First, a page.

PROJECT TITLE :
Optimizing HTTP-Based Adaptive Streaming in Vehicular Environment Using Markov Decision Process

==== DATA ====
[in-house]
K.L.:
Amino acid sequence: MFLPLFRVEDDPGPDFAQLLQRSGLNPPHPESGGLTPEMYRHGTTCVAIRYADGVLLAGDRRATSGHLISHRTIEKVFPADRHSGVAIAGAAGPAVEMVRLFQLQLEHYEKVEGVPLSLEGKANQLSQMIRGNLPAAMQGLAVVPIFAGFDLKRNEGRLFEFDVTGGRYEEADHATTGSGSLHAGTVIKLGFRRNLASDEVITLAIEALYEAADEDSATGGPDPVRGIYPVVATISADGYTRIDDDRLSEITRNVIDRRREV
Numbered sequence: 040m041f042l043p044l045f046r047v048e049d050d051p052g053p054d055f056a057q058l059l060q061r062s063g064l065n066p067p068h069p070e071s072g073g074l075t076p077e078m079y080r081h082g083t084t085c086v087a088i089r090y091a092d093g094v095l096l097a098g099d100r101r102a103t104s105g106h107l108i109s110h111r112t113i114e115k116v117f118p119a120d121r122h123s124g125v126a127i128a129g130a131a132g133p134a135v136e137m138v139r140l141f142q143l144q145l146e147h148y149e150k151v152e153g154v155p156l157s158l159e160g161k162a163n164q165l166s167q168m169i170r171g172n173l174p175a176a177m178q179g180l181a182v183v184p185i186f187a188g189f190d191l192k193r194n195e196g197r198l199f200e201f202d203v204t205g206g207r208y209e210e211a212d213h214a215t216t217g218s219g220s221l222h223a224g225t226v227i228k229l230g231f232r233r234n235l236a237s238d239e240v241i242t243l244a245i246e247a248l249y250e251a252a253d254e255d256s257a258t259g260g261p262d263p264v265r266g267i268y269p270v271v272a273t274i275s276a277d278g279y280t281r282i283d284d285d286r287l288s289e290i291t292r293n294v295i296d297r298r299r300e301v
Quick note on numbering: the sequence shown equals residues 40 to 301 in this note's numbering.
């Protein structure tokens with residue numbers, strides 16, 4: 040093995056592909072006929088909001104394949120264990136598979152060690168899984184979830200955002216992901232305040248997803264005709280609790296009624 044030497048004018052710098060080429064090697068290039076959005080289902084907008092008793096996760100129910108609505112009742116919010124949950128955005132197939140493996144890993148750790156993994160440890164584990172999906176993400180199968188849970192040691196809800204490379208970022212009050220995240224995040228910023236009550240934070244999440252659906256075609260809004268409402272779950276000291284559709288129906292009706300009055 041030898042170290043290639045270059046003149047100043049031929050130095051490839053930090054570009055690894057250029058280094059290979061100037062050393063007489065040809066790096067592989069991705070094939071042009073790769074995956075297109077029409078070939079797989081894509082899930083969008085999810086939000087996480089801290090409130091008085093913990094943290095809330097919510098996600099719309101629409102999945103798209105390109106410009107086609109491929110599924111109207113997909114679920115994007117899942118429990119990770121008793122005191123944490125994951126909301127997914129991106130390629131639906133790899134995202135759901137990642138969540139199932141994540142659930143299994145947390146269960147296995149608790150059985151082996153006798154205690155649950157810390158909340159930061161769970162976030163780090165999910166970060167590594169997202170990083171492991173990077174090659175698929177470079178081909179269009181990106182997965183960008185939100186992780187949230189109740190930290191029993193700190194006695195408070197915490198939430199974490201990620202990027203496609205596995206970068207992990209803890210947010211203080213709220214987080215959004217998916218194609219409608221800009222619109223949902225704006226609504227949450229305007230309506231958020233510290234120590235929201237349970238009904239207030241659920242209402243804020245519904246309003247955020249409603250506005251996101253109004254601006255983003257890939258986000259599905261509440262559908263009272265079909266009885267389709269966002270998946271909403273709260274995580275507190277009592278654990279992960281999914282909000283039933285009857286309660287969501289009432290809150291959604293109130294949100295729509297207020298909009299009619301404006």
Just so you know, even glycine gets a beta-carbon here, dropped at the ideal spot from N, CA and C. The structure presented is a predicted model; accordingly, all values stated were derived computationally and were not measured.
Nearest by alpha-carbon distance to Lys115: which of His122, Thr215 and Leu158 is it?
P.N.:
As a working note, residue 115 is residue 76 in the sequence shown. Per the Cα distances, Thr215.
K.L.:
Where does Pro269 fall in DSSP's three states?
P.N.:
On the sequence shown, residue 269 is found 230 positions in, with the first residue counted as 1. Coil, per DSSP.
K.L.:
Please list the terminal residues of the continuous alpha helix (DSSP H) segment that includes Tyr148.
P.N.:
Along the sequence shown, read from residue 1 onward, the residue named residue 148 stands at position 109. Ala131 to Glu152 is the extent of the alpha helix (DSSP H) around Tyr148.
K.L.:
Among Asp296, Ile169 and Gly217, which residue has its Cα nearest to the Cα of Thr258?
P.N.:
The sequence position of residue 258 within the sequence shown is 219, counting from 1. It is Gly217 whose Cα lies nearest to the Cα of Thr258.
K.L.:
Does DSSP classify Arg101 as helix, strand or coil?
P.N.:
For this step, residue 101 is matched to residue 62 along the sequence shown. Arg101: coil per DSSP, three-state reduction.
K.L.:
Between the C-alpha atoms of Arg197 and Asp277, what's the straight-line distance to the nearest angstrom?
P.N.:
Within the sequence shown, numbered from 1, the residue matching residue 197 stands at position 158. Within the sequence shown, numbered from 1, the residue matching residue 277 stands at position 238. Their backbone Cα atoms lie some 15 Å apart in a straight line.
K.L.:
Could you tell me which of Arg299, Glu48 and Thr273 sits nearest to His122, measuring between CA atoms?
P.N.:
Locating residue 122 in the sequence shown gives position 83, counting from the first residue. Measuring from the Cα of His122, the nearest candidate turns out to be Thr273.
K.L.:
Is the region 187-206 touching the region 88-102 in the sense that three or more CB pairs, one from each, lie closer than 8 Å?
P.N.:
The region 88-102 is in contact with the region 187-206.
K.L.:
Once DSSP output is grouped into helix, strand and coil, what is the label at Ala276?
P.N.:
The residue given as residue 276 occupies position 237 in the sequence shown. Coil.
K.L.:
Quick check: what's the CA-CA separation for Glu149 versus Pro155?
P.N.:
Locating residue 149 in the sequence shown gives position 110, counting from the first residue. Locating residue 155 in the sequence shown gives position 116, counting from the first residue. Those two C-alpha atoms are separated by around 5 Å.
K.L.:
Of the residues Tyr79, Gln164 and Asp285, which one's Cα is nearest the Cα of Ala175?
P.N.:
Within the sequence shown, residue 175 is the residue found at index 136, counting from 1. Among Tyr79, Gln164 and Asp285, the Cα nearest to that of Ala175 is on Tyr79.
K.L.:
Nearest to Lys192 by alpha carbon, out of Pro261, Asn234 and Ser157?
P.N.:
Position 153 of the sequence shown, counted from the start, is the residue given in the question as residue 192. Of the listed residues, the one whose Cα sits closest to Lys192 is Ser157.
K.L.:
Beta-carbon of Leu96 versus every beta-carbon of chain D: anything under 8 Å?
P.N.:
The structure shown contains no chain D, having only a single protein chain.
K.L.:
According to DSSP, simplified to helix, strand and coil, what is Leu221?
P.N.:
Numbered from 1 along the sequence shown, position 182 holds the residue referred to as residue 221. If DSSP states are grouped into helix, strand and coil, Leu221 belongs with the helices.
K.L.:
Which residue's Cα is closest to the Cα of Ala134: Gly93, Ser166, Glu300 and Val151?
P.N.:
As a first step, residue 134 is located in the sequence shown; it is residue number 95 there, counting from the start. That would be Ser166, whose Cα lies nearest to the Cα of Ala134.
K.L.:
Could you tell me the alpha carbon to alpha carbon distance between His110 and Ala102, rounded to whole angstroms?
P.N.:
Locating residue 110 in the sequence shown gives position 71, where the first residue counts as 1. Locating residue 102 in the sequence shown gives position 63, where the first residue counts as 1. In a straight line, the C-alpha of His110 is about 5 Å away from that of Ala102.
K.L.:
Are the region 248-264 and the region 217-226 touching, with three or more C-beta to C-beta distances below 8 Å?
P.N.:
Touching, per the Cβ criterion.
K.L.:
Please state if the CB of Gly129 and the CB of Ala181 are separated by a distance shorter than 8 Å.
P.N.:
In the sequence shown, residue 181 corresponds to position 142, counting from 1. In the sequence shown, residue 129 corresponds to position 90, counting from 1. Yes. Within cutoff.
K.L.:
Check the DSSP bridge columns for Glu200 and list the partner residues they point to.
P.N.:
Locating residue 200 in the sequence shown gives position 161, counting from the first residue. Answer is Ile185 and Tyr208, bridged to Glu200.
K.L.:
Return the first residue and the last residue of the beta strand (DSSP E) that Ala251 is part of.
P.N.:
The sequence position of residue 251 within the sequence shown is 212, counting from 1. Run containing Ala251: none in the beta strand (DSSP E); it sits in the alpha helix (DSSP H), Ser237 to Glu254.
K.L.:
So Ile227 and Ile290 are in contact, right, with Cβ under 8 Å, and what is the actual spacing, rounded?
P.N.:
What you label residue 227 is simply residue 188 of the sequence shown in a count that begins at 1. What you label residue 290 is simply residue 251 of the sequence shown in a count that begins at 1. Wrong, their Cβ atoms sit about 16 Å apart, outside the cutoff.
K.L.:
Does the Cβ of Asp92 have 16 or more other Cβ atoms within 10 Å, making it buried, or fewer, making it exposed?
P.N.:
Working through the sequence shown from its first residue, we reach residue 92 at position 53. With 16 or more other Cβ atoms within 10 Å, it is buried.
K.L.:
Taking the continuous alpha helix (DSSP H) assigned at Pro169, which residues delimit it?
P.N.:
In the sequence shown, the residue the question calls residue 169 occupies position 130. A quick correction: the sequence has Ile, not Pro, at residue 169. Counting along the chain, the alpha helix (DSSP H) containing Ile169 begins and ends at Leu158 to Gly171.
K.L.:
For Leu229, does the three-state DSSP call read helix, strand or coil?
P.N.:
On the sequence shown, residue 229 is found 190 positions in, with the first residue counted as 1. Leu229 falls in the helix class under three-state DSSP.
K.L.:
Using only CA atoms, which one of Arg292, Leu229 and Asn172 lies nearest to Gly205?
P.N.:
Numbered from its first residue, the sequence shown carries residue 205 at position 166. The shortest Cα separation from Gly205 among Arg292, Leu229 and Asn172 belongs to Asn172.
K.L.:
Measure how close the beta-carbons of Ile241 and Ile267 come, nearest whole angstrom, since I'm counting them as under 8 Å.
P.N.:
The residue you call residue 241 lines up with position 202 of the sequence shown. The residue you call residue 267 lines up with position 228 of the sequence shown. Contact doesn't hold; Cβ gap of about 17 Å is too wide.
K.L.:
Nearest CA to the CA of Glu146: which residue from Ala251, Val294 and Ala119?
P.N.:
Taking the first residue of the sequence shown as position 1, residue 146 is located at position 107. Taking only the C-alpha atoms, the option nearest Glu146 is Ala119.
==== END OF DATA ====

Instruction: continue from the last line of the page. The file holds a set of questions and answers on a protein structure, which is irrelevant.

Hypertext transfer protocol (HTTP) is the fundamental mechanics supporting net browsing on the Web. An HTTP server stores massive volumes of contents and delivers specific pieces to the shoppers when requested. There is a recent move to use HTTP for video streaming moreover, which promises seamless integration of video delivery to existing HTTP-primarily based server platforms. This can be achieved by segmenting the video into many tiny chunks and storing these chunks as separate files on the server. For adaptive streaming, the server stores completely different quality versions of the same chunk in numerous files to allow real-time quality adaptation of the video thanks to network bandwidth variation experienced by a client. For each chunk of the video, which quality version to download, thus, becomes a major call-making challenge for the streaming shopper, especially in vehicular environment with important uncertainty in mobile bandwidth. During this paper, we have a tendency to demonstrate that for such call creating, the Markov call method (MDP) is superior to previously proposed non-MDP solutions. Using publicly out there video and bandwidth datasets, we show that the MDP achieves up to a 15x reduction in playback deadline miss compared to a well known non-MDP resolution when the MDP has the previous knowledge of the bandwidth model. We conjointly think about a model-free MDP implementation that uses Q-learning to gradually learn the optimal choices by continuously observing the end result of its call making. We realize that the MDP with Q-learning significantly outperforms the MDP that uses bandwidth models.
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